I love high-wing airplanes. They give a great view of the outside world, and are very easy to fly and land. But there’s a problem with high-wing planes that low-wing planes don’t experience: the GPS signals are blocked in the cockpit. Because the wing spars are above your head, simply holding a GPS in your lap isn’t going to cut the mustard. You need a remote GPS device somewhere with a clear view of the sky, linked to your electronic flight bag of choice. One solution: the Dual Electronics XGPS150A.
I started running into this problem during training. I loved the ability to use Garmin Pilot during my cross country trips, but with my tablet on my knee I couldn’t get a reliable GPS signal. The metal over my head blocked all of the signals, and I couldn’t get a fix. It was still OK for reference, but to take full advantage of the “own ship position” features I needed GPS connectivity. I looked online, and while Garmin offers a similar product it is hundreds of dollars extra. The Dual Electronics version only costs a cool $100.
The design is minimalist — the XGPS150A is a brownie-shaped piece of square plastic that has only about three buttons. Up top are two of those buttons: a “power” button and a “Bluetooth” button to allow for pairing the GPS to your device of choice. When powered on, a series of status LED indicators lets you know what the device is up to and if it has a GPS fix. Around the back of the device is a belt loop that allows you to strap it to something like your arm. Or, alternatively, there’s a non-slip pad that comes with the device that allows you to throw it up on the glare shield of the plane where there’s plenty of visibility to pick up a GPS signal or stick to a window using static electricity. No, seriously.
One of those buttons is actually a switch, but it is very important: it allows the device to connect to both Apple and Android devices equally well. The two systems aren’t identical, so you’ll need to tell the device which kind of operating system you’re using so it can speak the same language. Its a simple solution to an annoying problem, and makes the device very useful. The switch is located under a small flap, right next to the USB charging port.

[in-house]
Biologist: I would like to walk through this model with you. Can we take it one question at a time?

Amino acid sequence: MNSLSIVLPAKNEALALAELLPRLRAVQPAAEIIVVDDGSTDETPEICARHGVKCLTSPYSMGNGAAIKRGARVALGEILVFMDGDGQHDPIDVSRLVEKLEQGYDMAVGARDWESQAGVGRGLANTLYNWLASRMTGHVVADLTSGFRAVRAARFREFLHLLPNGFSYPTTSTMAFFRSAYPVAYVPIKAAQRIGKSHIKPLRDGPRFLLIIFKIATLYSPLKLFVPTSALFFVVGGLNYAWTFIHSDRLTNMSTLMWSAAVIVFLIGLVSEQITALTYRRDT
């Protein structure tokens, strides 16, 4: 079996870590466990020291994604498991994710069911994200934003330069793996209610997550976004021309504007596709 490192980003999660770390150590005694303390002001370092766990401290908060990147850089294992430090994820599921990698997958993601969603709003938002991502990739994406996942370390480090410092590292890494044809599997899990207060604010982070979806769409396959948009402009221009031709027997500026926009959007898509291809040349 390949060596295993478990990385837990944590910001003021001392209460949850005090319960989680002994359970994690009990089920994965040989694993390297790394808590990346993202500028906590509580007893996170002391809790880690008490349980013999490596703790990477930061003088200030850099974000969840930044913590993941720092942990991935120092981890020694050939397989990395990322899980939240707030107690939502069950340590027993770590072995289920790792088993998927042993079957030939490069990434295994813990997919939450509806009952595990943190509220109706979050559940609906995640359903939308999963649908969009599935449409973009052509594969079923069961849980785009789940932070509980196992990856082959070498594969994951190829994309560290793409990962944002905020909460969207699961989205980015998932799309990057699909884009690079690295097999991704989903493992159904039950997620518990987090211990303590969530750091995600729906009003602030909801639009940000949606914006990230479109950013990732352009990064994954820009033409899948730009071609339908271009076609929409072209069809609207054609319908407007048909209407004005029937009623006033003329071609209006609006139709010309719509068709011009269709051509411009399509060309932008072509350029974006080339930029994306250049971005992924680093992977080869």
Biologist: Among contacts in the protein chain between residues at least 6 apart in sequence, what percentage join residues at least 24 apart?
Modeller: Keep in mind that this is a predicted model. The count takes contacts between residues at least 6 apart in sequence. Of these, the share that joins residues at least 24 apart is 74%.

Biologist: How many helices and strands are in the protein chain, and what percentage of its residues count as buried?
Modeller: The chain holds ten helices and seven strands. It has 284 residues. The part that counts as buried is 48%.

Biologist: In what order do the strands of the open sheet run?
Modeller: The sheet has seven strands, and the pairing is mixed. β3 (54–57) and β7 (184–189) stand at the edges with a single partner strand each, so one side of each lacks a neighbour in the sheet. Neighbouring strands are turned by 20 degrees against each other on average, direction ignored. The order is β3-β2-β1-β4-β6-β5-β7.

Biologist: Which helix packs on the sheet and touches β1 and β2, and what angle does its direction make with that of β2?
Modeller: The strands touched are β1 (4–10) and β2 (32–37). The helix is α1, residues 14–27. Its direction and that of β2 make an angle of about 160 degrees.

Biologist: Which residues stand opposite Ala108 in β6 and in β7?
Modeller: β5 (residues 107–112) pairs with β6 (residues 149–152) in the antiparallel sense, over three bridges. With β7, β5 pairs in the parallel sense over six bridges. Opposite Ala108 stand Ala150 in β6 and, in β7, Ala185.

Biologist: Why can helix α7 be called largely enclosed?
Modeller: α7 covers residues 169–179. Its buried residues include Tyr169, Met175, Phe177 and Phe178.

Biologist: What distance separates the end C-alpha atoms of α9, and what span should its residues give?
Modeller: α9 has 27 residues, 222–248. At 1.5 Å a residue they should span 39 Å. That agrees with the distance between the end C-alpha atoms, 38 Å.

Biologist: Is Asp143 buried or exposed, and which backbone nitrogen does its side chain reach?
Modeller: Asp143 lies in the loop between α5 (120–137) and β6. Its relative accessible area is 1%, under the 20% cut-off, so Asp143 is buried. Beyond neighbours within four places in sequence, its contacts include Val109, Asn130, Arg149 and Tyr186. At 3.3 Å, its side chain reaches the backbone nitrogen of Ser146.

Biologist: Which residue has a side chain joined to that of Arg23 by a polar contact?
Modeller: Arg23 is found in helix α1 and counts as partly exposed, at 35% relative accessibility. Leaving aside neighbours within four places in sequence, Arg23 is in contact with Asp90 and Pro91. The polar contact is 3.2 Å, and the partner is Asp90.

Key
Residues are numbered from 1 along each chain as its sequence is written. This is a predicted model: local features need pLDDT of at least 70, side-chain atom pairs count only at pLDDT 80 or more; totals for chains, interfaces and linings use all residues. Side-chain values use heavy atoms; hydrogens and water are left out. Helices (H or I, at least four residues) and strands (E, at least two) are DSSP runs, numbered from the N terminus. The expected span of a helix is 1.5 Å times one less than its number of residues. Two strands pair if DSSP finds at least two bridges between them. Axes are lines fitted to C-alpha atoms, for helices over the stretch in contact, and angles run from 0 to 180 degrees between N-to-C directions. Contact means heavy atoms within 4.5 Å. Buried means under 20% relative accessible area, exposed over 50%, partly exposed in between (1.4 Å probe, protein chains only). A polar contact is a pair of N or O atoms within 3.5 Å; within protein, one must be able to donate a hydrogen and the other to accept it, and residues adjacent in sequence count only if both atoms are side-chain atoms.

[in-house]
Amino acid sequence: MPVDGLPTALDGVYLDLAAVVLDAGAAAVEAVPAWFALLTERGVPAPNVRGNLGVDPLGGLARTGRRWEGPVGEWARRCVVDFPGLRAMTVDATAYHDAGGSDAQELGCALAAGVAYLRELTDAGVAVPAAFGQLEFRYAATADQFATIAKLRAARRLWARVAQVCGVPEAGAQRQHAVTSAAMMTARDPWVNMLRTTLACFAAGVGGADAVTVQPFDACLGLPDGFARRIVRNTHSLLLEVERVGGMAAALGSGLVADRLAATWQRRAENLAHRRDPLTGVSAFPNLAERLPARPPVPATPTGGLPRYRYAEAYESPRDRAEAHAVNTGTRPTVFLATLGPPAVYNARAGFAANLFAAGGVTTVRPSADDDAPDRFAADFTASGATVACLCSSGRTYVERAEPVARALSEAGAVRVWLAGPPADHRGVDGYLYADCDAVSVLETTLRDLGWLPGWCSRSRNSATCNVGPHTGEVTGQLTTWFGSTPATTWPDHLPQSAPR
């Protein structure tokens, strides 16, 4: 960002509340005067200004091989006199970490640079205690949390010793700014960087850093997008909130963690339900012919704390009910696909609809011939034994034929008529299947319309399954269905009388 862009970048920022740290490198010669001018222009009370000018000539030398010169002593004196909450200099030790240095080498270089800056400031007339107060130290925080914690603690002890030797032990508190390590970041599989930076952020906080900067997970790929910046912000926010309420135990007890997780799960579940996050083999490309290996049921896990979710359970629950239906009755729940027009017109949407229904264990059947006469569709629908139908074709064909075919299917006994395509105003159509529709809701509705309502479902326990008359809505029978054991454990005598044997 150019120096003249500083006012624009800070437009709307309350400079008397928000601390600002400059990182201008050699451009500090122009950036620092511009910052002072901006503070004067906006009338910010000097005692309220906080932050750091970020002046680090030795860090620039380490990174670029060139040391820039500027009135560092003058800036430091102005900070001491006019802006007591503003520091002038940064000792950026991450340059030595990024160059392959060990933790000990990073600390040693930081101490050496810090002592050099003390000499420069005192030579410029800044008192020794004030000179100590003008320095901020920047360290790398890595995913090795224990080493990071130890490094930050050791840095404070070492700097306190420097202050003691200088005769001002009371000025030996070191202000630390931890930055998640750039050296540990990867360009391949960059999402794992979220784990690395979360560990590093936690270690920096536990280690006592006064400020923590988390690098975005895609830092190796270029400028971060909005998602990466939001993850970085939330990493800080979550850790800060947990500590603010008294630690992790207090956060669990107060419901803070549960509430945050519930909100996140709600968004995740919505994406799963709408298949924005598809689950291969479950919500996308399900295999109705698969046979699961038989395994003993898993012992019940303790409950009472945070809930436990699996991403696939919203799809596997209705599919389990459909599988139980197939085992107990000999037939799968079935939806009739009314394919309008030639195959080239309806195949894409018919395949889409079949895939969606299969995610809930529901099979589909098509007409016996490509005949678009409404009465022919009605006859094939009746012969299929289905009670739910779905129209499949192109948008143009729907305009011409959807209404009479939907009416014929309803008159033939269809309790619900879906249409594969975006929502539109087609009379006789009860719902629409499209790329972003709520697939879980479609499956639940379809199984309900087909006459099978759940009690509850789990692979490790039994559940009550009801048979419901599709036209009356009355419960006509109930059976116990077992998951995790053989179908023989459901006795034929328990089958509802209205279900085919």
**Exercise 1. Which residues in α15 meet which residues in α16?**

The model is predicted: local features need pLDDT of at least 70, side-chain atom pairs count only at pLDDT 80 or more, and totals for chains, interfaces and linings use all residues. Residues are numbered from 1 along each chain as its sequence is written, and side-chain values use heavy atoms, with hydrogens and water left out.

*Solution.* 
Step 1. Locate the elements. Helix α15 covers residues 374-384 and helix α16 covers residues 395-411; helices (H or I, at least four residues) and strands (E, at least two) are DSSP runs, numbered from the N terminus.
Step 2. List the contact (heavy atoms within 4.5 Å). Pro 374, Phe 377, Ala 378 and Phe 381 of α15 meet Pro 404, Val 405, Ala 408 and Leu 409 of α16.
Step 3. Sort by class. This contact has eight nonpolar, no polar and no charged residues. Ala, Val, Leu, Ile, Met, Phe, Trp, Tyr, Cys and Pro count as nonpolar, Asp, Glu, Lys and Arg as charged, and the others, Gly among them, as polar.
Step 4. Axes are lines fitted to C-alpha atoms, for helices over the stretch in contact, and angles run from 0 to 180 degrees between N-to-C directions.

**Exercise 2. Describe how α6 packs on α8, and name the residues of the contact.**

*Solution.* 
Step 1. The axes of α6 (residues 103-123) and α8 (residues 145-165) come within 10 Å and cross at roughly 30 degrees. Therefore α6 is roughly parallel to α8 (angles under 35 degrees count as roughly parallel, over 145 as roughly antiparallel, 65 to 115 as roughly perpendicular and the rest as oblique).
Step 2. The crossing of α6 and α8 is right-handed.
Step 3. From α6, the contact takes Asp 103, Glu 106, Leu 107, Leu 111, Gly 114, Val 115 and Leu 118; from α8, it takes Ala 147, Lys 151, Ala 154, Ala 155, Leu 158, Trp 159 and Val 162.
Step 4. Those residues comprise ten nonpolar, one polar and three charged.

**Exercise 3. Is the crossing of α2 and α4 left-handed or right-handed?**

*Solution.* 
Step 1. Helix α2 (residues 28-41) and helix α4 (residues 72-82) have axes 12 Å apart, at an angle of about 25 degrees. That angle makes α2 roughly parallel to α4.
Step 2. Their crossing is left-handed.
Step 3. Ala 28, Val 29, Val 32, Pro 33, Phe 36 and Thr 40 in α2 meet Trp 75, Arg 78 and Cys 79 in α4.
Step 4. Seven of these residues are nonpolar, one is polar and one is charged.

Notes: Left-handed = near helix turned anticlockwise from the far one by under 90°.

When paired with your electronic flight bag, the device works great and very accurately depicts your position. The device uses the WAAS system to correct for satellite drift and atmospheric conditions and provide an extremely accurate position fix, but does not have a feature to monitor for RAIM (another on the long list of reasons why you can’t pop it on the glare shield and advertise your flight as /G). So while the device will give you an accurate fix, it isn’t necessarily accurate or reliable enough to use it as the sole navigation device.
Another problem keeping it from being hyper-accurate: the refresh rate. The device advertises that it refreshes “at least once per second” which might seem quick on the ground or if you’re running, but up in the air a second is a long time. In a standard rate turn, the refresh rate isn’t quick enough to properly time a roll-out using the GPS’ HSI — it just lags way too much. For maintaining your track and double-checking your heading it is solid, but the slow refresh rate is an issue if you want to try and use it as a backup navigation tool.
That said, as a reference for VFR flying (or even as a situational awareness tool for IFR flying) the GPS is pretty much ideal. The device advertises a useful battery life of 8 hours, 6 of which I have confirmed both on the ground and in the air. I’ve used this for every flight I have taken since getting my pilot’s certificate and haven’t experienced a single issue with the device. It always remains connected, and the non-slip pad has kept it in place even during steep turns and stalls.
The only bad reports I’ve seen about this device are from jet pilots. Apparently at high speeds and high altitudes, the device doesn’t work as well or at all. I cannot independently verify this, but if you’re burning Jet-A instead of 100LL then you might want to consider not cheaping out on your GPS equipment.
There’s a lot of features that this GPS doesn’t have. There’s no route recording function like the big brother XGPS160. It can only connect to one Bluetooth device at a time. And there’s no GLONASS reception for our Russkie friends. All these are features that either the XGPS160 or the Bad Elf 2200 can provide (the Bad Elf 2200 even has a GPS location LCD display) but they both cost 50% more. If you’re looking for some basic remote GPS connectivity at a reasonable price, then this does the trick.
Specifications: Dual Electronics XGPS150A Bluetooth GPS
GPS: WAAS Equipped
GLONASS: Not Available
Connected Devices: 1
Battery Life: 8 hours (6 confirmed)
OVERALL: * * * * (4/5)
The laggy position reporting is an issue, but not enough to override the overall benefit. For a single pilot VFR in a Cessna 172 just trying to get their EFB to work properly, this is pretty much ideal. There are some features I would love to see, but at this price I’m not complaining. Much.